- The Washington Times - Monday, April 27, 2009

ISLAMABAD, Pakistan — Pakistani security forces attacked Taliban militants with helicopter gunships Sunday in an area covered by a peace agreement that the U.S. fears could lead to a Taliban takeover and to Pakistan’s nuclear weapons falling into terrorist hands.

Pakistan insisted that its peace accord remained intact, even as its forces claimed to have killed up to 30 militants in Lower Dir, a district that lies between the Taliban stronghold in the Swat Valley and the Afghanistan border.

Lower Dir marked the latest region adjacent to the Swat to be invaded by black-bearded Taliban fighters toting AK-47 assault rifles in the past week, prompting U.S. concerns that the government of President Asif Ali Zardari is losing control.

Mr. Zardari rejected that criticism Sunday, saying he would tell U.S. officials during a visit to Washington next week to “see your weaknesses as well as ours.”

His spokesman, Farhatullah Babar, went further:

“The peace deal is intact; the government has not revoked the peace deal. At the same time, the government is determined to root out the militants hellbent on destroying the law-and-order situation.”

Mr. Zardari recently agreed to impose Islamic, or Shariah, law in the vast Malakand region of northwestern Pakistan. The region includes Swat and surrounding districts, home to about 3 million Pakistanis.

The deal marked a government effort to end two years of fighting over Swat, a former alpine tourist haven.

The Taliban, however, has flaunted the 2-month-old deal by moving training bases to Swat and using Swat as a base to expand to adjacent districts, including Buner, which lies within 60 miles of the capital.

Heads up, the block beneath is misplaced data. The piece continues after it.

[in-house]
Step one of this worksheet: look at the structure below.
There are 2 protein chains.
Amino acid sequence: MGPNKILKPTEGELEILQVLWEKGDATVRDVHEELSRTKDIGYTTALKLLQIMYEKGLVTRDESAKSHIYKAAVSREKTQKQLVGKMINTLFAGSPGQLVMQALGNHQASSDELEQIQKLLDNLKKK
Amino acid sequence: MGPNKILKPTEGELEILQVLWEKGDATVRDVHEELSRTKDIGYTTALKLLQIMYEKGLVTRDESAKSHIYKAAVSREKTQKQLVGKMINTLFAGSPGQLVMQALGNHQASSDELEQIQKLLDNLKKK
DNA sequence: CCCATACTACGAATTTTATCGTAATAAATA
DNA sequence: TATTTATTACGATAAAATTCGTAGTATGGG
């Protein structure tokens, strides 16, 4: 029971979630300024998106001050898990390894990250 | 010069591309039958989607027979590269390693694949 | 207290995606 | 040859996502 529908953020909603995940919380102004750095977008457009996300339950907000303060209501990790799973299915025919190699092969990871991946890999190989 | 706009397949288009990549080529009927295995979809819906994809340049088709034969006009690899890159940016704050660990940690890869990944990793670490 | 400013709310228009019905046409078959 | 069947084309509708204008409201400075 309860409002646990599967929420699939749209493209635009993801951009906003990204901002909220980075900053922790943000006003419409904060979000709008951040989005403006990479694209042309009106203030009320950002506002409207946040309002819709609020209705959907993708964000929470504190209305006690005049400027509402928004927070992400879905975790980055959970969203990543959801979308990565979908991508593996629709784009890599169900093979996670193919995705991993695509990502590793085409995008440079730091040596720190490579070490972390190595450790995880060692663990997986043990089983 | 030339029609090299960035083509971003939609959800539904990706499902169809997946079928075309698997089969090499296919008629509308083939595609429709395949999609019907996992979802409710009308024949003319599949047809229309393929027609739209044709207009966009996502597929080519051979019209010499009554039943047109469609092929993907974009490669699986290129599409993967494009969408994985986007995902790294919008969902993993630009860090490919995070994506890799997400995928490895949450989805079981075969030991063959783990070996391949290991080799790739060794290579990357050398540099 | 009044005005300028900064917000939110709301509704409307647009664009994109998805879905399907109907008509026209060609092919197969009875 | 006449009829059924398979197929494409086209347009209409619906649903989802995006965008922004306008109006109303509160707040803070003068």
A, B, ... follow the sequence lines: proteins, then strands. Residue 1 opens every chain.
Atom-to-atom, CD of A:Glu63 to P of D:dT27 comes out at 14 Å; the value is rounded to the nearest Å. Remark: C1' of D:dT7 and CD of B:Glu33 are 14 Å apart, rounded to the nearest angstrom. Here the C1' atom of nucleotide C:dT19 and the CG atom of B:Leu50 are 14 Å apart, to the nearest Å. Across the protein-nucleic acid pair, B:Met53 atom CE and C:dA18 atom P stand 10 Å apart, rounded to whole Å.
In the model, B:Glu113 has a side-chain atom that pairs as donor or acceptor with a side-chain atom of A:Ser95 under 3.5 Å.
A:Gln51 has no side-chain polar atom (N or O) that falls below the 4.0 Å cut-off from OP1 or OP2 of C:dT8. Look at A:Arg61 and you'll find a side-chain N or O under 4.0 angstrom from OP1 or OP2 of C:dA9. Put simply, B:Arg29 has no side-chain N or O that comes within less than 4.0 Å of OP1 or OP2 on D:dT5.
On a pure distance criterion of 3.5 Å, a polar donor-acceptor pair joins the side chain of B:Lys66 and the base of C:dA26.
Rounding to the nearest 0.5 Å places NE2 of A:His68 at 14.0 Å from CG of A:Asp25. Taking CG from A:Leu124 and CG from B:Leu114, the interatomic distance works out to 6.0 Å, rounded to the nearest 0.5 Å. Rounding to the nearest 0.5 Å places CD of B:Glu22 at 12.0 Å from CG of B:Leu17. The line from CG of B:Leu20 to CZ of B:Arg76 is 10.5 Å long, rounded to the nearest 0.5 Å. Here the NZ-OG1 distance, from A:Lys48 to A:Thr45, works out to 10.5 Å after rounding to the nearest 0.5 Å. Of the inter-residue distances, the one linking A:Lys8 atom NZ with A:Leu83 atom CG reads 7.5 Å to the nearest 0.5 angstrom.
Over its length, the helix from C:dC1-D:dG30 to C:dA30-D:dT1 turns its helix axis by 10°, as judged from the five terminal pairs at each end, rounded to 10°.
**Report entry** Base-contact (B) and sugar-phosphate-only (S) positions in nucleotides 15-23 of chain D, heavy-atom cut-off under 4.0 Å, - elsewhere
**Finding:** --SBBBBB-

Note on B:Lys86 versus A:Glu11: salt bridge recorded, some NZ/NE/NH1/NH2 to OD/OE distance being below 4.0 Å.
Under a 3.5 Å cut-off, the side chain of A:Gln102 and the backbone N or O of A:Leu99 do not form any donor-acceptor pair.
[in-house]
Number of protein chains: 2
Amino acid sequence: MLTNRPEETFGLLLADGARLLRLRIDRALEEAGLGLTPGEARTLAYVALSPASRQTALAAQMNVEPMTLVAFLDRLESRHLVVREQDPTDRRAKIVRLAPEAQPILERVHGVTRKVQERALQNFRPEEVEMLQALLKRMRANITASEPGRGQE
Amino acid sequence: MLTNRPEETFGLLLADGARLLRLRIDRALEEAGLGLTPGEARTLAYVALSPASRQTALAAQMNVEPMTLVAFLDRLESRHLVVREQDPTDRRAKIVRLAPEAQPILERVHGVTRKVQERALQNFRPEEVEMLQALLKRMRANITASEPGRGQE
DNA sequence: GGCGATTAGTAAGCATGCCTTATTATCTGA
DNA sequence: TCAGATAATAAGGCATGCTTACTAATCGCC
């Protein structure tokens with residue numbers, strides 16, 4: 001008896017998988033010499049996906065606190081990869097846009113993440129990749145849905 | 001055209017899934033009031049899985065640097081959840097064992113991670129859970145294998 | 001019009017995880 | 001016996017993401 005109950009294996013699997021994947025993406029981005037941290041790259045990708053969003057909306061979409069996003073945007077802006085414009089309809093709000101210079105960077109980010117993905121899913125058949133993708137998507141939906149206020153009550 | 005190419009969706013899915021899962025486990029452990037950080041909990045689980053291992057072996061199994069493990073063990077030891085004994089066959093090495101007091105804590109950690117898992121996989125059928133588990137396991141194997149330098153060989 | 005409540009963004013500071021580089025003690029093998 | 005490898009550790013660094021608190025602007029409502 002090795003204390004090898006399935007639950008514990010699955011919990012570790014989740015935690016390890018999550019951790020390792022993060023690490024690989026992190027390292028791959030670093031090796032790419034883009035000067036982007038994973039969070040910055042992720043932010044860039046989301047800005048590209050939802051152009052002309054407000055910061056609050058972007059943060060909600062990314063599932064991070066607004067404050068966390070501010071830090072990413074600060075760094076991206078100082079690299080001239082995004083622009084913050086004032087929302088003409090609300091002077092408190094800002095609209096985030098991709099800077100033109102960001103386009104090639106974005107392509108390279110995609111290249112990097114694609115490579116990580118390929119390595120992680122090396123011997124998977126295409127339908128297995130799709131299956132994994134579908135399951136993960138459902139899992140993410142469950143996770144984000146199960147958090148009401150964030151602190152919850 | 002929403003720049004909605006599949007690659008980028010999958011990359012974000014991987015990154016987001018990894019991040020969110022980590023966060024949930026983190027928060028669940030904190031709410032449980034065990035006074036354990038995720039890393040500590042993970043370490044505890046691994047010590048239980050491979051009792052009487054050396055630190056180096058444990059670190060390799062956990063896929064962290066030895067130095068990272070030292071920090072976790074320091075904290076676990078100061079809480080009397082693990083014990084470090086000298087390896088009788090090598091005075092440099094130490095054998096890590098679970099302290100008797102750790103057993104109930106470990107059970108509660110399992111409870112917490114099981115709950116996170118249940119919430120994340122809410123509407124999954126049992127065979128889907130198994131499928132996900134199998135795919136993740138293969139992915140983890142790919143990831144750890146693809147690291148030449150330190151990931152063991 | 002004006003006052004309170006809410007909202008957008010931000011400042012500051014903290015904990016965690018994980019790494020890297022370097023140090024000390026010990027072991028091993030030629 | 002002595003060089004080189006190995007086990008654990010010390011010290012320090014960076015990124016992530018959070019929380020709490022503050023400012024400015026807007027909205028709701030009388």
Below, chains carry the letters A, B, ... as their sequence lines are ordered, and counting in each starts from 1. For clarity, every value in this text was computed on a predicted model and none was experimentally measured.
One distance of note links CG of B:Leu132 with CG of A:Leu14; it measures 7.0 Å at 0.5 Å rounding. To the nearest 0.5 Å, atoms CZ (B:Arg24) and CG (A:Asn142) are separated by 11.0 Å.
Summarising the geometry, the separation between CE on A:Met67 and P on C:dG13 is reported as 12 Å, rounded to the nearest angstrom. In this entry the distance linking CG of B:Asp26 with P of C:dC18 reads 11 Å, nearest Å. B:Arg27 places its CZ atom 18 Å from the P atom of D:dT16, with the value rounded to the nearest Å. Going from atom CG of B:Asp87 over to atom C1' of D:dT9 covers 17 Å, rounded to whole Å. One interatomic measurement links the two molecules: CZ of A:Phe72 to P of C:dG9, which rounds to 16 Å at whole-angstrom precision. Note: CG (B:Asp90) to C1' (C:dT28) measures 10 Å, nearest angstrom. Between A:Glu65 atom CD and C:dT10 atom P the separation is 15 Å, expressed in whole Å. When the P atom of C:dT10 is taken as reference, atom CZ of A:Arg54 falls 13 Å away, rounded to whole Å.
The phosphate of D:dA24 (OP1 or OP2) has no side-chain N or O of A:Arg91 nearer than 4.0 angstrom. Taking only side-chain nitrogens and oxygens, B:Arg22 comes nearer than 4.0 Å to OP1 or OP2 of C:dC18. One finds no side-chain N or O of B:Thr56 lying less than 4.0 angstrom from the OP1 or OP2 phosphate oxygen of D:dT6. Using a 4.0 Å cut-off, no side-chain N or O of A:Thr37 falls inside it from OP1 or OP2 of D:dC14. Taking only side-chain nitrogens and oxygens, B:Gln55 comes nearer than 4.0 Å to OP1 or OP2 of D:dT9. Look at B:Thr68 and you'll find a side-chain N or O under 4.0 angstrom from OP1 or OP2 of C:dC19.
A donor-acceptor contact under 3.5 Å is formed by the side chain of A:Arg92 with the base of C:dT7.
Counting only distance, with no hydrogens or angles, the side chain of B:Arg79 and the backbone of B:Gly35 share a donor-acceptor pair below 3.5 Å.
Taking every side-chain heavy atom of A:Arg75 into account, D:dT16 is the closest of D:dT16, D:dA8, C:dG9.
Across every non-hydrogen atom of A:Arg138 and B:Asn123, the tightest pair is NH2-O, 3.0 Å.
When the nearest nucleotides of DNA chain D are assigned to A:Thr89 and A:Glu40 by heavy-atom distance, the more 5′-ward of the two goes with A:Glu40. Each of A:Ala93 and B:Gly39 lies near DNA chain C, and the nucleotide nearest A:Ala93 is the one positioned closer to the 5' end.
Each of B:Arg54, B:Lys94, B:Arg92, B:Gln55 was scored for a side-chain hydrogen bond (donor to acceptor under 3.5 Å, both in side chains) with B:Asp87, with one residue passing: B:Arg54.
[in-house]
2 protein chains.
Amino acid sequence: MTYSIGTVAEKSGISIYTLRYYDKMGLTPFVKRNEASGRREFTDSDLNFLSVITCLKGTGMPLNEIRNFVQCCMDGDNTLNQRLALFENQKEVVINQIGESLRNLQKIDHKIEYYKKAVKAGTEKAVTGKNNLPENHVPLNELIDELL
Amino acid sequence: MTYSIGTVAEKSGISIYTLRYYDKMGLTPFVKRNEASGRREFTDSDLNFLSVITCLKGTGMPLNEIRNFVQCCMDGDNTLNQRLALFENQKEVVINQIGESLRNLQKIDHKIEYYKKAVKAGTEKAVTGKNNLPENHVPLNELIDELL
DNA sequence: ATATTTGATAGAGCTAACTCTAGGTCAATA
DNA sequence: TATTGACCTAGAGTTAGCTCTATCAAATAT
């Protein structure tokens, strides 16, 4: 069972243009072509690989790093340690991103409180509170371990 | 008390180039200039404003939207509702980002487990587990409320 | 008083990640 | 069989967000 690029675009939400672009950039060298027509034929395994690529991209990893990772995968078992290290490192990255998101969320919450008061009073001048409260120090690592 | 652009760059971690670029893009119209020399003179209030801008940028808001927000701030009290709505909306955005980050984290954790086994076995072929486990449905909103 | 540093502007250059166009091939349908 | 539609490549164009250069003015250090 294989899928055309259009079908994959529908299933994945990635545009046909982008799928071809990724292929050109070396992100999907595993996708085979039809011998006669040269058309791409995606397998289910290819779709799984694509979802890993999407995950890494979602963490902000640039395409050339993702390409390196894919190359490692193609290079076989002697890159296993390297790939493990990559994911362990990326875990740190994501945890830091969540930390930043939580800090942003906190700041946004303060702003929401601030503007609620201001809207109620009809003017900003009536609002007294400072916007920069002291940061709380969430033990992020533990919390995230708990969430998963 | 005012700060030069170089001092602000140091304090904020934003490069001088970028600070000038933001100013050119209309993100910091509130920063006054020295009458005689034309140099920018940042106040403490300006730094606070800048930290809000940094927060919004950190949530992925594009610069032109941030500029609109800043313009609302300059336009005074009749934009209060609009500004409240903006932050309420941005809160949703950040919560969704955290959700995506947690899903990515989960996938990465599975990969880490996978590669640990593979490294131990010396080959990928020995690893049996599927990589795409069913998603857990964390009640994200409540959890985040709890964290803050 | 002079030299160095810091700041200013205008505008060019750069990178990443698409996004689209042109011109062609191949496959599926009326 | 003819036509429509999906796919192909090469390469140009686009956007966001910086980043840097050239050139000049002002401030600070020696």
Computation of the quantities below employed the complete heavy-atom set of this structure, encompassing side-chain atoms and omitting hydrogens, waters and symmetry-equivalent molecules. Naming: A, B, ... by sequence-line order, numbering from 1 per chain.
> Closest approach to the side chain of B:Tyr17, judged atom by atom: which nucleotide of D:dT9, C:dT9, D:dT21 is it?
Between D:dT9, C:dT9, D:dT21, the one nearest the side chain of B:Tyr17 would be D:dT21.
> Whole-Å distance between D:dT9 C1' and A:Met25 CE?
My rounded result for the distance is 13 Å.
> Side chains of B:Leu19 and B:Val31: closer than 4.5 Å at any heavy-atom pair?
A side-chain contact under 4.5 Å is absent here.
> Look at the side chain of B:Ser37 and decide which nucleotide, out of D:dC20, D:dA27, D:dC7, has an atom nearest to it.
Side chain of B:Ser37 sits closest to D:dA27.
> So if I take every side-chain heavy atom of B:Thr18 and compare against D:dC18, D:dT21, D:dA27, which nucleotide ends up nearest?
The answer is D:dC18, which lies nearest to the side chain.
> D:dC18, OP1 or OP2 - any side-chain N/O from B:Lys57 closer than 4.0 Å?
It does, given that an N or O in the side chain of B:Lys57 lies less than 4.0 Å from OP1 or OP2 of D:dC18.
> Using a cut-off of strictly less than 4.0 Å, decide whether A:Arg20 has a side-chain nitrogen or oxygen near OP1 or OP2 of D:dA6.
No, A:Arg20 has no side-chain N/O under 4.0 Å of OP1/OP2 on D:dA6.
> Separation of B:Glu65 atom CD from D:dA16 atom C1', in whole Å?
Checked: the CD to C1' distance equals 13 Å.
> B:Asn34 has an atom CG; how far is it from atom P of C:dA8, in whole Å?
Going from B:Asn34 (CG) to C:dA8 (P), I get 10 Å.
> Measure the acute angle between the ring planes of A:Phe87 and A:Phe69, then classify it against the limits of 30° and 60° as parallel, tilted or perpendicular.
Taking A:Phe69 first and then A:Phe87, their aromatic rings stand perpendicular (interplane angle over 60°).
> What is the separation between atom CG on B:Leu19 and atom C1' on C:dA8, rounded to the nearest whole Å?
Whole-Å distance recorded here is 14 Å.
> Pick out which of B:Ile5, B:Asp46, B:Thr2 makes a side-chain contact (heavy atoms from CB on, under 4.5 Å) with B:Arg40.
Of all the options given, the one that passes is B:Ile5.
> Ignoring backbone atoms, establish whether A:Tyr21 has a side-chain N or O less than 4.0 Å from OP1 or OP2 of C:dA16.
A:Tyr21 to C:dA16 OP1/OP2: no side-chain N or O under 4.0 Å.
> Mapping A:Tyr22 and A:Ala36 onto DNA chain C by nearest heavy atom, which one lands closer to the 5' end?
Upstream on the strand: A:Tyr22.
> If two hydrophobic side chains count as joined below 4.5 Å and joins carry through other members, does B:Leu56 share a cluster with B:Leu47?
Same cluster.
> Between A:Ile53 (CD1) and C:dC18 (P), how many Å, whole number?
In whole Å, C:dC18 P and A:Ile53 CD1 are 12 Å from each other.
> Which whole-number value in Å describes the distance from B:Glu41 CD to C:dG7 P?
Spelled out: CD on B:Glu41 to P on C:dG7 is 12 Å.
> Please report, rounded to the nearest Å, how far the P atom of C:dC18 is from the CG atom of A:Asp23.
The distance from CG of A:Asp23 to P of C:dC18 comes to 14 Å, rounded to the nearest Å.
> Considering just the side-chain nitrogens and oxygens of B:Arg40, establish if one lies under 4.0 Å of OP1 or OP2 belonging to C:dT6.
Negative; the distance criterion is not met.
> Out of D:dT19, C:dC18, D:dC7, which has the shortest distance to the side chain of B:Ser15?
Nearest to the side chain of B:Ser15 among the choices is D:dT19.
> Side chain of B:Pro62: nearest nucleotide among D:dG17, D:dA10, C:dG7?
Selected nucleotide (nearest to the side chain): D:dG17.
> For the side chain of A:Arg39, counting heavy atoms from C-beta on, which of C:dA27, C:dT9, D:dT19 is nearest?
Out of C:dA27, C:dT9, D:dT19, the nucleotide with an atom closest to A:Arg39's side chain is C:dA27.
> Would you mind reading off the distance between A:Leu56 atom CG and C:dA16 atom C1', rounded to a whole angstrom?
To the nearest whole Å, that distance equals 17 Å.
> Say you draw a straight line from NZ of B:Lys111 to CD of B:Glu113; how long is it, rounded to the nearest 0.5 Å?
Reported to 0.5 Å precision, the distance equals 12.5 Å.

The Taliban agreed to leave Buner last week. The militants reportedly remain in place, although they have stopped patrolling the streets.

Officials called Sunday’s battle in Lower Dir a success and said 25 to 30 militants, including a local Taliban commander, were killed. One member of Pakistan’s security forces was killed and four wounded, the military said.

Mian Iftikhar Hussain, interior minister for the North West Frontier Province, said plans to establish Shariah courts throughout Malakand would proceed but that the government would not tolerate Taliban vigilantes.

“Nobody will be allowed to set up a parallel government in any part of the province,” he said.

Retired Brig. Gen. Mehmood Shah, a military analyst with extensive experience in the region, accused the Taliban of double-crossing the government.

“Taliban are violating the peace deal. Despite the deal requirement, they are not laying down arms. Instead, they extended their presence to Buner and Dir. It proved that Taliban are little interested in enforcement of Shariah laws,” Mr. Shah told The Washington Times.

“Now people will not object if the government launches a military operation,” he said.

Taliban spokesman Muslim Khan said the militants would never give up their weapons.

“Militants do not lay down arms. They snatch arms. We will never lay down arms unless American forces withdraw from the region,” Mr. Khan told the Pakistani TV channel Express News.

The U.S. Central Command chief Gen. David H. Petraeus warned in congressional testimony that the Taliban and connected extremists pose “the most important, most pressing threat to the very existence of their country.”

Secretary of State Hillary Rodham Clinton told Congress last week that U.S. worries over Taliban gains were driven by concerns over the safety of Pakistan’s nuclear weapons, which she said are widely dispersed throughout the country.

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